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Trust Yourself: Feeling Ready for Intercourse

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anonymous asks:

I'm 19 now, and am thinking about having sex. But I worry about it a lot; I don't think I'm ready, but in today’s society, most guys I know have already had sex. For me, this would be a first experience; I don't want to be bad at it. And when I finally do, I think that most guys would find it strange that I am a virgin. But personally, I'm knowledgeable about it, but there will always be the fear of not being accepted because I'm not as 'experienced' as most girls. Any advice would be great.

Stephanie replies:

I remember a few years back when a close friend and I decided that we were going to try bungee jumping. I was petrified the entire time that I was being strapped into the gear and in the end decided that I simply couldn’t do it. As I stepped down from the ledge with my friend my body was shaking and I felt as though I was ready to pass out.

If you’re asking yourself what that has to do with your question, I’ll tell you – it has to do with the fact that being ready for the decisions that we make at any time is extremely important. If I had been ready and relaxed, completely comfortable with the idea, then chances are I would have been fine and my body would have cooperated in allowing me to participate in the activity.

The same idea applies to choosing to become sexually active. If you and your partner are not really prepared, sure that you’re ready and willing to participate then sexual intercourse is simply not going to work. Not only can not being comfortable and ready mean that intercourse may be painful, you will both not likely enjoy the experience.

It’s important to note as well that readiness doesn’t happen for everyone at the same age, with the same person, or at the same point in any relationship. It’s quite normal to decide that a sexual relationship is right at a particular time with one partner and not feel the same way after the same amount of time with a different partner (or to never feel ready to be in a sexual relationship with the other partner at all). Just the same, readiness doesn’t happen at a certain age just because we feel like we’re the only person that hasn’t had sex by that age. I can also promise you that you’re certainly not the only person not having sex – and you’re also not the only person feeling like this.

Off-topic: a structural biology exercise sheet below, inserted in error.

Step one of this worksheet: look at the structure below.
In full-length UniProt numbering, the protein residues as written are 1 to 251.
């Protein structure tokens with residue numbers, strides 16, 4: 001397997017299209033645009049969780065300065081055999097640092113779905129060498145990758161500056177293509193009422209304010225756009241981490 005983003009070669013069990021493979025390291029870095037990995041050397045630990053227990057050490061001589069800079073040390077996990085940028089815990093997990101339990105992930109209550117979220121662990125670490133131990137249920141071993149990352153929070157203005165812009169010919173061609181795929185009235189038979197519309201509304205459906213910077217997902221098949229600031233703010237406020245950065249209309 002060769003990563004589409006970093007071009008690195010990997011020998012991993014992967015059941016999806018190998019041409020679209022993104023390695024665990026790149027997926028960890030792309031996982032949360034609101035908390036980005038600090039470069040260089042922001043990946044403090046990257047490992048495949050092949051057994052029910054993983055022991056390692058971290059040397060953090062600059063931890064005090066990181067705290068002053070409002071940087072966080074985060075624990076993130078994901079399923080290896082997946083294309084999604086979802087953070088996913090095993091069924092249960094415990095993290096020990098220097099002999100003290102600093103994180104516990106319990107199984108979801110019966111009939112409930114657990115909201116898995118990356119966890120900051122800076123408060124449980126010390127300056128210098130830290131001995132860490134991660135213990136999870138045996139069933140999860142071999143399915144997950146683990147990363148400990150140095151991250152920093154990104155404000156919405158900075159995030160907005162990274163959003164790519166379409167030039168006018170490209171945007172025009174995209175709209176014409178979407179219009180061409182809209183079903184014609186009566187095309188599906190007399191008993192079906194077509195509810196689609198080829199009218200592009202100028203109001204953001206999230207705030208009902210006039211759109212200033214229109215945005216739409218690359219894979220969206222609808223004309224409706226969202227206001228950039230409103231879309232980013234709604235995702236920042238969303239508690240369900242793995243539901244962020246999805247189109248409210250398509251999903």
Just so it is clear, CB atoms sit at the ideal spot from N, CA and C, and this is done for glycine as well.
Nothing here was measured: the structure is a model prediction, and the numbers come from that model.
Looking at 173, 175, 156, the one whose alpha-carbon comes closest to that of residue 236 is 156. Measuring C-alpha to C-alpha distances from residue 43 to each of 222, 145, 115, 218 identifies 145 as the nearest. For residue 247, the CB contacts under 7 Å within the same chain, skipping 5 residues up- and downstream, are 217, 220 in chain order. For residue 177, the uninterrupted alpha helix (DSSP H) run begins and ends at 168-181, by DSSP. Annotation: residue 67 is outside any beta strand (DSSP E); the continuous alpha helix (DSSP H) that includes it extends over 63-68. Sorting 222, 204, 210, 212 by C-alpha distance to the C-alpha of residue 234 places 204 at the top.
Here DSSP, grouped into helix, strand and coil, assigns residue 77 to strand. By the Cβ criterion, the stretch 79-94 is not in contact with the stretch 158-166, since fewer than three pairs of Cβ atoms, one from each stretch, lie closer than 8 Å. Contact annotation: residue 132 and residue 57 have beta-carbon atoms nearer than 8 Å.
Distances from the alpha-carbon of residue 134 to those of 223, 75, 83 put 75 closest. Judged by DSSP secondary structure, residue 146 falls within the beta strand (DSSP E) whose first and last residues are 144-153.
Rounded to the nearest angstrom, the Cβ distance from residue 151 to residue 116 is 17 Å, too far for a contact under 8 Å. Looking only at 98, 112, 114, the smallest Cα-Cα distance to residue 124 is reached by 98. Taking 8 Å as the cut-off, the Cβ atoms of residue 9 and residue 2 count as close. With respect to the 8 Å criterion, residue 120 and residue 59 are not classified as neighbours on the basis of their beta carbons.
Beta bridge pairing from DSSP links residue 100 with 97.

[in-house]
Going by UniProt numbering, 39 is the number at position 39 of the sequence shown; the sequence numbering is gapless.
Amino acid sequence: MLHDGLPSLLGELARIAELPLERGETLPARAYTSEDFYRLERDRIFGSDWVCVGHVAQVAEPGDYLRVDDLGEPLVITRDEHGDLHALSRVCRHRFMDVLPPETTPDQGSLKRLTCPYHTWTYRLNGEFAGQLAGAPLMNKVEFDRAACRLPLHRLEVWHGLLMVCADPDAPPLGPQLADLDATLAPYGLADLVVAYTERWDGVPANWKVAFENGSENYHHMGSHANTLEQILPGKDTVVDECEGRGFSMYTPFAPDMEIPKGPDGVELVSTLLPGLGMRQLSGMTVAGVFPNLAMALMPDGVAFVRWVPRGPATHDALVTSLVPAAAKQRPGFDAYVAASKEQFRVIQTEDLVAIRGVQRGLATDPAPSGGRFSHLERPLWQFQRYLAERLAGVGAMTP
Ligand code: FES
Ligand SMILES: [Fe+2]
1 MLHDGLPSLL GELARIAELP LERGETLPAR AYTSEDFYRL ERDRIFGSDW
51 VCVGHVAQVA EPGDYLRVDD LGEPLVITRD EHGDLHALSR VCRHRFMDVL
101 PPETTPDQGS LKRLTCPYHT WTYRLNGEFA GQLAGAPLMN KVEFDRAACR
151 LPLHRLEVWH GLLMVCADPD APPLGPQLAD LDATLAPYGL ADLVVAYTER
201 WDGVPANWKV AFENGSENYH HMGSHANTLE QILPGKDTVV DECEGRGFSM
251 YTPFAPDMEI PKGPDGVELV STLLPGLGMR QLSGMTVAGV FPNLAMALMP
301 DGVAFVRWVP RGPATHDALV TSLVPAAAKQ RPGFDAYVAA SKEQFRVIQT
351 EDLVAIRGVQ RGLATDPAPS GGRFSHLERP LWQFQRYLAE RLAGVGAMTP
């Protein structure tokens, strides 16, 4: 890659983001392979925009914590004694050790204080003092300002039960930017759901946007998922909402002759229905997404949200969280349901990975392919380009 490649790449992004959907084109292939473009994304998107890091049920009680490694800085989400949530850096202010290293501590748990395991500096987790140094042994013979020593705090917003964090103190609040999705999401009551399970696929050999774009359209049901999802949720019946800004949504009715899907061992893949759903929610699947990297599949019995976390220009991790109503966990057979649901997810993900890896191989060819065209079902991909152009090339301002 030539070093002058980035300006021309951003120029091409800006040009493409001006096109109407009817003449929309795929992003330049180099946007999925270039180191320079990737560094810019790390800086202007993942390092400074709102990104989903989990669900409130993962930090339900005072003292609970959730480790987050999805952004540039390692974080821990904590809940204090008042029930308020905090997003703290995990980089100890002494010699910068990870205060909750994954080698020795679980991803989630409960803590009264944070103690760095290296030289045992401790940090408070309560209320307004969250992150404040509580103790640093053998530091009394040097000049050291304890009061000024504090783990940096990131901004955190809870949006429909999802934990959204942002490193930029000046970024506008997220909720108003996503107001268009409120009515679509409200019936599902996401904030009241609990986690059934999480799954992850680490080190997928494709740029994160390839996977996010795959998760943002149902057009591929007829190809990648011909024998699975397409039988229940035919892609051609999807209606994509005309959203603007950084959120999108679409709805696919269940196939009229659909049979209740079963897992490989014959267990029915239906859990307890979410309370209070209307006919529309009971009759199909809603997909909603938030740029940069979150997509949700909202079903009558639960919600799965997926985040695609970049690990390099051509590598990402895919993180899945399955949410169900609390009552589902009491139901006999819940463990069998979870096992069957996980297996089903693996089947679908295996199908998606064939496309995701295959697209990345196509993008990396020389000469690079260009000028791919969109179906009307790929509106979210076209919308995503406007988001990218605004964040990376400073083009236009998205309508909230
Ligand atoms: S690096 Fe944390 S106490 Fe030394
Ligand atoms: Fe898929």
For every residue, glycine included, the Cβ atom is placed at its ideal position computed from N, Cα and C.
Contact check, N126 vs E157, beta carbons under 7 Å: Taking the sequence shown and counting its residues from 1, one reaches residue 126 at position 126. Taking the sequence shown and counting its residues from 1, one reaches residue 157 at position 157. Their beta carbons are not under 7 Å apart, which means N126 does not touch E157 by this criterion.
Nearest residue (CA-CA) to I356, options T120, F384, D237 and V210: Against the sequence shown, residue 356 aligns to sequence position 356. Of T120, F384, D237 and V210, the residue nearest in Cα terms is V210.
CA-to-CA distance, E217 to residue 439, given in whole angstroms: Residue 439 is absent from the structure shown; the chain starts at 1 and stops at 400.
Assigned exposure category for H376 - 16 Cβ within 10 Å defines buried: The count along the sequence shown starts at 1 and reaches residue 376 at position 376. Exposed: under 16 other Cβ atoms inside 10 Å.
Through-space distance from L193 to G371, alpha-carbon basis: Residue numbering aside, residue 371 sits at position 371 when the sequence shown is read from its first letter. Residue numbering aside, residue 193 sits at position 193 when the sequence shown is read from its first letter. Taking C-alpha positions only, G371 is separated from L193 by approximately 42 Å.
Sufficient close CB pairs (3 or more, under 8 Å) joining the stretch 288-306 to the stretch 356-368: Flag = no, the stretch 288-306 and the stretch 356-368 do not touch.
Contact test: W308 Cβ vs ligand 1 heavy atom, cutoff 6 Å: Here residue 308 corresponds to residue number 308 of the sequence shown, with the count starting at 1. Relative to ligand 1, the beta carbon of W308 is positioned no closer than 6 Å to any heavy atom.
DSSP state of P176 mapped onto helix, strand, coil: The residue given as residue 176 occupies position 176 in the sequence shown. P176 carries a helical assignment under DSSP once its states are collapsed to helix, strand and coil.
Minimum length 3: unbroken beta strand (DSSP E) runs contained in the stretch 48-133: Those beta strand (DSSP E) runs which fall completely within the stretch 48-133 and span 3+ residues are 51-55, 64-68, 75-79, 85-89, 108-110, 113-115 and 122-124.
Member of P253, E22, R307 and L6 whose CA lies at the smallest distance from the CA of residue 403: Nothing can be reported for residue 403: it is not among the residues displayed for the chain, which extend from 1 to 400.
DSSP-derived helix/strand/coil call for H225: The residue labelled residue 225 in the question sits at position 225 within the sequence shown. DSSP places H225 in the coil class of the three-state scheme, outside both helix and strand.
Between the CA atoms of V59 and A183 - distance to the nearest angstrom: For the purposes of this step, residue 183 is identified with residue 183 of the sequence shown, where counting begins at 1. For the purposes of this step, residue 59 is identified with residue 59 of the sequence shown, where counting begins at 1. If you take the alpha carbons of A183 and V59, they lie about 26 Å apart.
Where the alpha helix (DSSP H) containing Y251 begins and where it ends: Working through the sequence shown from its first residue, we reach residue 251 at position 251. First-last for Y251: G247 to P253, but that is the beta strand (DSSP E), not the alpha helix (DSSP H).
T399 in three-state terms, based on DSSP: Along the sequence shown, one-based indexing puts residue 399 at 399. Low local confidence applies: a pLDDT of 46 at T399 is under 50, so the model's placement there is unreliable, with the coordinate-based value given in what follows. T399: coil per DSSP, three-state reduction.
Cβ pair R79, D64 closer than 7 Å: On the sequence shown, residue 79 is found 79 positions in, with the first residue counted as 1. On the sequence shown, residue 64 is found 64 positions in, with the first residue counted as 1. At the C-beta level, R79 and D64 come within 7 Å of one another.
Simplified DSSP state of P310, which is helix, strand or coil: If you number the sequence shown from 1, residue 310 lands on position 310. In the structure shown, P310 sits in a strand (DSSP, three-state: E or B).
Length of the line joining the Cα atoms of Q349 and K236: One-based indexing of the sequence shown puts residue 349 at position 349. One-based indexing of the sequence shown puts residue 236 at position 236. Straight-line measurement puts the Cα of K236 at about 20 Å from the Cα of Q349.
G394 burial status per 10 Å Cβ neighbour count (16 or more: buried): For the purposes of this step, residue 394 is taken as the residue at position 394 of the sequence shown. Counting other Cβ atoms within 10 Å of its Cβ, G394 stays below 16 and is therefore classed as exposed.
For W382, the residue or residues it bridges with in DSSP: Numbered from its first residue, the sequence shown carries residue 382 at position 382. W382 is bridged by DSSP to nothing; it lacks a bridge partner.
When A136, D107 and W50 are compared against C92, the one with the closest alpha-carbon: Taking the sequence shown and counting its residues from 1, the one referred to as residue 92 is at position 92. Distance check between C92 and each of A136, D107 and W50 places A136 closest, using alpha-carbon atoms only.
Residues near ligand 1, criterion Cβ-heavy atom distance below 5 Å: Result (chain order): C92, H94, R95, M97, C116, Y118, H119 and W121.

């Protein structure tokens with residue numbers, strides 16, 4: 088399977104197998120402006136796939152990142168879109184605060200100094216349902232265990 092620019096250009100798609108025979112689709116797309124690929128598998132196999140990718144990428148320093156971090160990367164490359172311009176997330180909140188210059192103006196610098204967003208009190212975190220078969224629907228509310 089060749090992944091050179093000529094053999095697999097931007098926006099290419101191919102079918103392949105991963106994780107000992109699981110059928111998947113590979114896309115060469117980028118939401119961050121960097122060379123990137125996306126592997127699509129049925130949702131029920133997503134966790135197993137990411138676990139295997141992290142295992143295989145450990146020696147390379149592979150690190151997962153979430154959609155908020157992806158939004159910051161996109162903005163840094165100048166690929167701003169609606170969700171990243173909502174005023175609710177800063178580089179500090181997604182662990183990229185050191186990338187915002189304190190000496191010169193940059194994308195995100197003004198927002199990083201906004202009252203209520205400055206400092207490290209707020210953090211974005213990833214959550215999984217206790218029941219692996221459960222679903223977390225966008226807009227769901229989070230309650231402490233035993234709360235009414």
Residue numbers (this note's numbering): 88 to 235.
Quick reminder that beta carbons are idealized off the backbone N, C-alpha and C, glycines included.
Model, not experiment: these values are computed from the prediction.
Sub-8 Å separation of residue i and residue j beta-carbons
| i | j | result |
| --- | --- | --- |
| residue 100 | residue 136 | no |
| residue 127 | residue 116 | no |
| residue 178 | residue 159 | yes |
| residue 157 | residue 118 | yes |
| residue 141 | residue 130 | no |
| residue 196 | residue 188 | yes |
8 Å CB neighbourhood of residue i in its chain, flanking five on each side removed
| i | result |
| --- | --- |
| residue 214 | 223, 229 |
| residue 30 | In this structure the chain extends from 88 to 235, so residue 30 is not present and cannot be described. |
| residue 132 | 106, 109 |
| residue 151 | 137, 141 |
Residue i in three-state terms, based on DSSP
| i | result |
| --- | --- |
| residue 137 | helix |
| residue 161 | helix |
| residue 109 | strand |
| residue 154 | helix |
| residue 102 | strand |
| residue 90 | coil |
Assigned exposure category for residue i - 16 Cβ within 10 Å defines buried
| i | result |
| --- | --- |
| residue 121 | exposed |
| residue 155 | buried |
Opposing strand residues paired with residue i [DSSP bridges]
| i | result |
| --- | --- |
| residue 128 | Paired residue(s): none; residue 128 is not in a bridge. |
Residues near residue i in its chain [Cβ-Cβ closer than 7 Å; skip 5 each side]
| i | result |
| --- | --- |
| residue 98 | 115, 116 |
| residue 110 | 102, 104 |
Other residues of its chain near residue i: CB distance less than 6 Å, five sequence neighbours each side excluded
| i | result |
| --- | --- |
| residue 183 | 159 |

Part of the problem that we often notice is that when people talk about sex, it tends to be blown out of proportion to make it something that it isn’t – and therefore people walk into sexual relationships with this wrong idea of what to expect and are thus disappointed. The same thing happens when talking about who’s had sex and how many times. When in a big group of friends, school hallways, parties, etc. the need to fit in is something that occurs naturally.

On our message boards there’s often a question around about telling a current partner that you haven’t had sex when they thought that you have. So no, not everyone has had or is having sex. Know too that it’s natural for some people to be ready earlier in life than others – and that’s fine. Someone may be ready at thirteen, someone else may be ready at eighteen, and others may not find that they’re ready until quite a while later than that. There’s nothing wrong with having sex at a younger age if you’re ready any more that it is not having sex until you’re older if that’s when you’re ready.

You’ll also find that when you do feel ready emotionally, mentally, and physically to be in a sexual relationship and you have a partner that feels the same and respects you, you won’t have to worry about them not accepting you. That’s why the mutual respect is so important – it involves both of you understanding that it's good to take things slow and at a pace where you’re both comfortable and that one partner won’t be judging the other. Additionally, it means that as a part of respecting you your partner will also be choosing to respect the decisions that you’ve made in the past about sex and any that you’ll make in the future regarding boundaries and what you both like and choose to participate in. Mutual respect means that you'll do the same for your partner too.

You know better than anyone what you're ready for right now, so the best thing to do is trust your feelings.

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